While the Left parties strongly opposed the moves, the Bharatiya Janata Party (BJP) is ambivalent in its stance. Congress spokesperson Raashid Alvi said the party fully supported the decisions to hike foreign investment in insurance and allow it in the pension sector and would approach other parties to convince them that the measures were in the interest of the country.
“We are very hopeful to get all these bills passed in both the houses,” Alvi told IANS. Asked about the government lacking numbers, particularly in the Rajya Sabha, Alvi said he was not going into the arithmetic.
“We will try our best to convince (political parties),” he said. In a further push to economic reforms, the cabinet Thursday gave its nod to raise foreign direct investment (FDI) in insurance from 26 to 49 percent and allowed up to 49 percent foreign equity in the pension sector.
The cabinet also approved some other long-pending measures such as crucial changes in the Companies Act and giving greater autonomy to the regulator to introduce more commodities and options for futures trading.
The Communist Party of India-Marxist (CPI-M) said the decisions would “make India’s finance sector more vulnerable to speculative finance capital”. “The decision to allow FDI in pension funds will jeopardise the savings of millions of employees in the country,” the party said in a statement.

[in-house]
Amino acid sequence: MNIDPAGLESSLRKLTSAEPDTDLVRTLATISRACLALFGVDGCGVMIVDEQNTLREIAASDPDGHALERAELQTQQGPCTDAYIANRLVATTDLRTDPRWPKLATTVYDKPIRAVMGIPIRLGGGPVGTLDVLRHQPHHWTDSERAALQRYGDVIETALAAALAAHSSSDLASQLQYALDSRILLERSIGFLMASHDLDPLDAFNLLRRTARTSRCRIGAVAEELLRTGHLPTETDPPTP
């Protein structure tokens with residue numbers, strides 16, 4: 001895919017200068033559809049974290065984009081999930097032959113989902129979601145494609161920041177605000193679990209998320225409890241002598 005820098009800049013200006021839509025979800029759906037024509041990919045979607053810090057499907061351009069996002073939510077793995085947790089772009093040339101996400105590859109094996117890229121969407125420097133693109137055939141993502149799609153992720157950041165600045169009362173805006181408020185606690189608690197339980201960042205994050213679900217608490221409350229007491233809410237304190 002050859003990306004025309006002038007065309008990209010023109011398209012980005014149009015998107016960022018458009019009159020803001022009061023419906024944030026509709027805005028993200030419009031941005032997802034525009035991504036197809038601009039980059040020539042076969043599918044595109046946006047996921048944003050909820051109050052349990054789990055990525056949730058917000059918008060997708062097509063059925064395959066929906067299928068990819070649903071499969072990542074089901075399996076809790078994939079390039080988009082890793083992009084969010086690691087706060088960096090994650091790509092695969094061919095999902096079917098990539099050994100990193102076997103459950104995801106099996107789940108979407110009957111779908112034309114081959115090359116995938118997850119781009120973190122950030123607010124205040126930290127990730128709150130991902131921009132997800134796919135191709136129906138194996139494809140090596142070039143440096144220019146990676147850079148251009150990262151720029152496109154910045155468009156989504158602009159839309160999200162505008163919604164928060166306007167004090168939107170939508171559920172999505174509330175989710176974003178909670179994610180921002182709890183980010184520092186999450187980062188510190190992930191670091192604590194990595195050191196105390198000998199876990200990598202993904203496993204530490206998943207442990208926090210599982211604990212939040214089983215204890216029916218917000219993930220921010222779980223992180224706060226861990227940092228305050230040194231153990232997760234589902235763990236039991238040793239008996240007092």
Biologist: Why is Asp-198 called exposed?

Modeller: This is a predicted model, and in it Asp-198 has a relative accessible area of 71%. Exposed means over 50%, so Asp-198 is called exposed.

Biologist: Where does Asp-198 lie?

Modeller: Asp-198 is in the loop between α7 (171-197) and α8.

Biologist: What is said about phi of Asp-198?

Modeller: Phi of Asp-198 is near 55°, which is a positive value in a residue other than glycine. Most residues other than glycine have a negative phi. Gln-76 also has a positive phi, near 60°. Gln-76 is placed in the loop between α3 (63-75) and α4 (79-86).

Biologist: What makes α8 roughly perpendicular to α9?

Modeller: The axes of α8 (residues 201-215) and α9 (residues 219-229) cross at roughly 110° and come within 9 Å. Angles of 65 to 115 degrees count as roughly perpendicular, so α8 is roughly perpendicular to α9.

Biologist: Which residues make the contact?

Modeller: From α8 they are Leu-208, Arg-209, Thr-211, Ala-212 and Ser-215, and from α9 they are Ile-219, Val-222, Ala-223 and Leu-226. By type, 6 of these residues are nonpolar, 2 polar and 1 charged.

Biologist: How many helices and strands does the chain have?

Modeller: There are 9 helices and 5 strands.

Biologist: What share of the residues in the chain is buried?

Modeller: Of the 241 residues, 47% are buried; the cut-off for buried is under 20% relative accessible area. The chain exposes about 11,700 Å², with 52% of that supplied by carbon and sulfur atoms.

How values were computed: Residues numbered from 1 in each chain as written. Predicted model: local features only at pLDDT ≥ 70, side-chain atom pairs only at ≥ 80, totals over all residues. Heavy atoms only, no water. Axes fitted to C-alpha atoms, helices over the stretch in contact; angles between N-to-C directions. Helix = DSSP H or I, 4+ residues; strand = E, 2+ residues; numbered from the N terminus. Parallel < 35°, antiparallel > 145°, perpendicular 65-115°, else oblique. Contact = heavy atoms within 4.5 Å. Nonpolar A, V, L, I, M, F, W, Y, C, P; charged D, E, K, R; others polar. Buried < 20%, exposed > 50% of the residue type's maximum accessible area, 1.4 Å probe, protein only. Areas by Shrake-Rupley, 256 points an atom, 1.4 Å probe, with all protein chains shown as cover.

The party appealed to political parties to defeat the measures in parliament. Communist Party of India leader A.B. Bardhan said the government was “acting in the interest of big business and industralists”.
Finance Minister P. Chidambaram Thursday indicated that the government was expecting support from the BJP on its decisions. Chidambaram said he was “optimistic that all sections of the house, especially the principal opposition,” would help approve the legislations concerning government decisions.
The BJP, however, has so far remained ambivalent on its support to the government decisions. Party spokesperson Prakash Javadekar had said Thursday that the party was not opposed to FDI in insurance and pensions sectors but wanted some conditions to be met to “safeguard the interest of the people”.
He said the party will give its final comment after studying fineprint of government decisions. The party is expected to spell out its stance in greater detail Friday.
Sources said the government will face an uphill task to get the pension and insurance sector decisions approved in parliament due to its present numerical strength in the two houses.
Trinamool Congress, a former ally of the Congress, has already said it will work towards moving a no-confidence motion against the government. The Congress is expected to try and convince its outside supporters including Samajwadi Party and Bahujan Samajwadi Party to back the government decisions.
The sources said given the numerical arithmetic, it would not be easy for the government to get the bills passed in parliament. While the UPA is in majority in the 543-member Lok Sabha with backing of its outside supporters, its strength in the Rajya Sabha even with declared outside support remains below the halfway mark of 123.